Dr Willie Black has resigned as the chairman of UK domain registry Nominet, citing the need for new challenges now that the company has settled after nine years of extraordinary growth. He wil leave on 8 December.
The decision has come as a surprise to many, for whom Dr Black is the .uk Internet domain. He founded Nominet in 1996 as a private, not-for-profit company, limited by guarantee with just three staff. Nine years later, Nominet has registered over 3.6 million domains - making it one of the biggest domains in the world - has 130 staff and boasts a turnover of £10 million.
In an official statement, Dr Black explained: "The challenge nine years ago was to set up a stable registry for the .uk domain name space. I feel satisfied that Nominet now has a strong and effective senior management team, financial stability, provides excellent customer service, and has gained substantial respect both from the industry and from government. Now that this has been achieved, I feel that it is the right time for me to move on and apply the knowledge I have gained to new challenges elsewhere."
Nominet's managing director Lesley Cowley reiterated Willie Black's central role, mentioning the initial challenge of setting the company up, and then dealing with the hypergrowth that soon followed. She told us that with new systems and a capable senior management team in place (of which she is one), that things were relatively calm and "understandably Willie decided to take a bit of a rest".
According to the statement, Dr Black plans to take up a number of non-executive director positions, although these have not been made public and Ms Cowley wouldn't expand. "But with his excellent skills, I am sure the phone will be ringing," she told us.
Dr Black is a key figure in the Internet. He has been involved in the DNS since its earliest days in the 1970s. He helped develop email, and in the early 90s, ran the Joint Academic Network (JANET) in the UK. He was, until recently, head of European registry organisation Centr, and is hugely respected across the world. He is a passionate advocate of not-for-profit domain organisations and has been a persistant and constructive critic of Internet overseeing organisation ICANN. "People at ICANN will probably miss him and his notable contributions," Cowley said, although she doubted that it will see the end of him.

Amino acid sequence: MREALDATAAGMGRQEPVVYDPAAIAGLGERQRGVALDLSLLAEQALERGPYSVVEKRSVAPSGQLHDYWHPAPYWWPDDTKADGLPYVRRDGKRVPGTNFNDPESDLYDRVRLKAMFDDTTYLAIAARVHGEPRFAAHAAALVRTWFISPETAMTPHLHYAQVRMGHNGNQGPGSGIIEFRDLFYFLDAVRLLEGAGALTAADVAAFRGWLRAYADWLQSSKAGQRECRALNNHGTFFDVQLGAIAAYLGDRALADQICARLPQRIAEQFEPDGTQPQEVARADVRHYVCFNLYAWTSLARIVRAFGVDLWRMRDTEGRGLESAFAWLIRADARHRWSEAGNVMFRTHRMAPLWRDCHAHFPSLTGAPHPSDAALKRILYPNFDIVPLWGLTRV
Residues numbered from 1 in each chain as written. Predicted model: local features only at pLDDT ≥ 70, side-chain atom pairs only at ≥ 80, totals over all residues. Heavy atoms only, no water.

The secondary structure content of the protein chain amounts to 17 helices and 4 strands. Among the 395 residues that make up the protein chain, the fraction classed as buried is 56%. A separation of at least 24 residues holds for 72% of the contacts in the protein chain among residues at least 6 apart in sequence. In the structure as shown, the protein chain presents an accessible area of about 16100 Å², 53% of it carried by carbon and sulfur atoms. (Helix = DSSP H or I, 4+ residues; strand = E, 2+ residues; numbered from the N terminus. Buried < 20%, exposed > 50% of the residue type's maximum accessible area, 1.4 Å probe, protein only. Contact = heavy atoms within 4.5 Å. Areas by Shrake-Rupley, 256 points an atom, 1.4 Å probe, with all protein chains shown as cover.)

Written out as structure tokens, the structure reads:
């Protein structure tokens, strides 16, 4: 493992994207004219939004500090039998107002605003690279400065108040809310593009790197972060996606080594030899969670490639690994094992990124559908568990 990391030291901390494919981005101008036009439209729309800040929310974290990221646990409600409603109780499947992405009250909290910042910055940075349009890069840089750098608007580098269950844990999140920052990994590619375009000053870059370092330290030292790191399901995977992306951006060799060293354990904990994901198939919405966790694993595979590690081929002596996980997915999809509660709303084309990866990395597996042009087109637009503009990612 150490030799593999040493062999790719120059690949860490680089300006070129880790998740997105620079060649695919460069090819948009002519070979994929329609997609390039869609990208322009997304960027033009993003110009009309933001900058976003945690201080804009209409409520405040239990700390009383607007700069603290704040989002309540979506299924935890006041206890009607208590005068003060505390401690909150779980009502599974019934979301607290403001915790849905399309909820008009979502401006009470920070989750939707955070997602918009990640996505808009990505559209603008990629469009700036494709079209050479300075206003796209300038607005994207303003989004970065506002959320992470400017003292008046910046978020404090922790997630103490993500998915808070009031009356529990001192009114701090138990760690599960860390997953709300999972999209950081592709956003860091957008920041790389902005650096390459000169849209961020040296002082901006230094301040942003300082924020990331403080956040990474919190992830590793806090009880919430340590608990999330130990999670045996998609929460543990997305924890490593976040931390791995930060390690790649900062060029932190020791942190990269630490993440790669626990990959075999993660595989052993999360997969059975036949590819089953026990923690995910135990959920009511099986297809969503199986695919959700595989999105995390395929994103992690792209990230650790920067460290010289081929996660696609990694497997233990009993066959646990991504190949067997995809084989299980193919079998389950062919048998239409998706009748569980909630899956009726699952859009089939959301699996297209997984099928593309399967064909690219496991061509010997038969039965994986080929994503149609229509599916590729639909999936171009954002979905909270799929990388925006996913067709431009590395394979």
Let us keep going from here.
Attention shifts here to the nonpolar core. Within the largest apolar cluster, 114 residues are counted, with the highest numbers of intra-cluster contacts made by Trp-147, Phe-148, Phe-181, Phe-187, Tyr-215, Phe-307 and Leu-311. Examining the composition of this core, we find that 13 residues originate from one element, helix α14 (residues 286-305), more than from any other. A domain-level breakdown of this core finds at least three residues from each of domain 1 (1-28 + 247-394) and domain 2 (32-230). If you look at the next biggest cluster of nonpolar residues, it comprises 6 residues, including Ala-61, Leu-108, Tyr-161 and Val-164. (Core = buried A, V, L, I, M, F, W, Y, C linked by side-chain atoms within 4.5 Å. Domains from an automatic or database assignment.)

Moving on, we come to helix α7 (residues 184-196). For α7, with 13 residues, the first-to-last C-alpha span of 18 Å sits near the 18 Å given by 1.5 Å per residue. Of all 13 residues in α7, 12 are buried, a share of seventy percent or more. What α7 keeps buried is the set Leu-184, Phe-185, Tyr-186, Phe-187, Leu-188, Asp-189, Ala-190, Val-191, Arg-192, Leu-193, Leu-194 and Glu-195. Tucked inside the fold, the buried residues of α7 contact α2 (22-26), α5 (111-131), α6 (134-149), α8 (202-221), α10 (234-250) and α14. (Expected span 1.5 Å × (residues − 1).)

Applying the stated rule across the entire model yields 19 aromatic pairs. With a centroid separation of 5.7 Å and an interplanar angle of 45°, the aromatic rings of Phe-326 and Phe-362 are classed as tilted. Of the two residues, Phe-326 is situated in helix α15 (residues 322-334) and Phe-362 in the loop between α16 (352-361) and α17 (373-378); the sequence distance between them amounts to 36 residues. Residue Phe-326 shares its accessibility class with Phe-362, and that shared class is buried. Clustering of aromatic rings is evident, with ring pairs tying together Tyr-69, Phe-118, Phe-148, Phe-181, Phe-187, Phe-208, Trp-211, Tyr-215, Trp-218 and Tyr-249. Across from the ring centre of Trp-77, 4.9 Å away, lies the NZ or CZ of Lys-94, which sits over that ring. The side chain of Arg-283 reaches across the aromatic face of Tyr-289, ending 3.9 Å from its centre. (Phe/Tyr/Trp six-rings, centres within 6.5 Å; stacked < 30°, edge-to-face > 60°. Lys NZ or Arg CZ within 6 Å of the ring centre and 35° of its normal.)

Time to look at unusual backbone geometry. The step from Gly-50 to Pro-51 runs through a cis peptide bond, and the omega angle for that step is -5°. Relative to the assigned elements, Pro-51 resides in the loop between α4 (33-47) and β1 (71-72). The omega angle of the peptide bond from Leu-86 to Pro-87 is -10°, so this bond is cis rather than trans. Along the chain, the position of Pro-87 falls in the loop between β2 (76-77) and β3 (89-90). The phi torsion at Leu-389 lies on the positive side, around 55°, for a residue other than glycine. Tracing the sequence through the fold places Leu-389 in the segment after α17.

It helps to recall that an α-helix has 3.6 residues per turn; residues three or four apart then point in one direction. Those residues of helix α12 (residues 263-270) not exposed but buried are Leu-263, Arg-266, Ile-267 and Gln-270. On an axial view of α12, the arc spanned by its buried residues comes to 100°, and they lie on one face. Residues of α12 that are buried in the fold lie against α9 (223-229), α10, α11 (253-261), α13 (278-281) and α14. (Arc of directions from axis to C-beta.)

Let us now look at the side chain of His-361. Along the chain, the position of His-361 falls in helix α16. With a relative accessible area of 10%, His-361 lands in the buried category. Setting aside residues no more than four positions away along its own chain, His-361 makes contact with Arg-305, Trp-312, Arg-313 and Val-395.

As for the chairman role, Cowley told us the exact process has yet to be decided but that the company is looking for a capable successor to lead the board, devise strategy and act as a figurehead for the company. There is likely to be a public advertisement for the job to which she said she expected lots of highly experienced people to be interested in taking.
According to Nominet's 2003 accounts, the highest paid director - which we will assume is the chairman - received, including pension, £137,457. Not a bad wage, but the real attraction to the Nominet chairman job will be the kudos and the chance to be right at the heart of the Internet as it goes through the next revolution to become an integral part of society's life. ®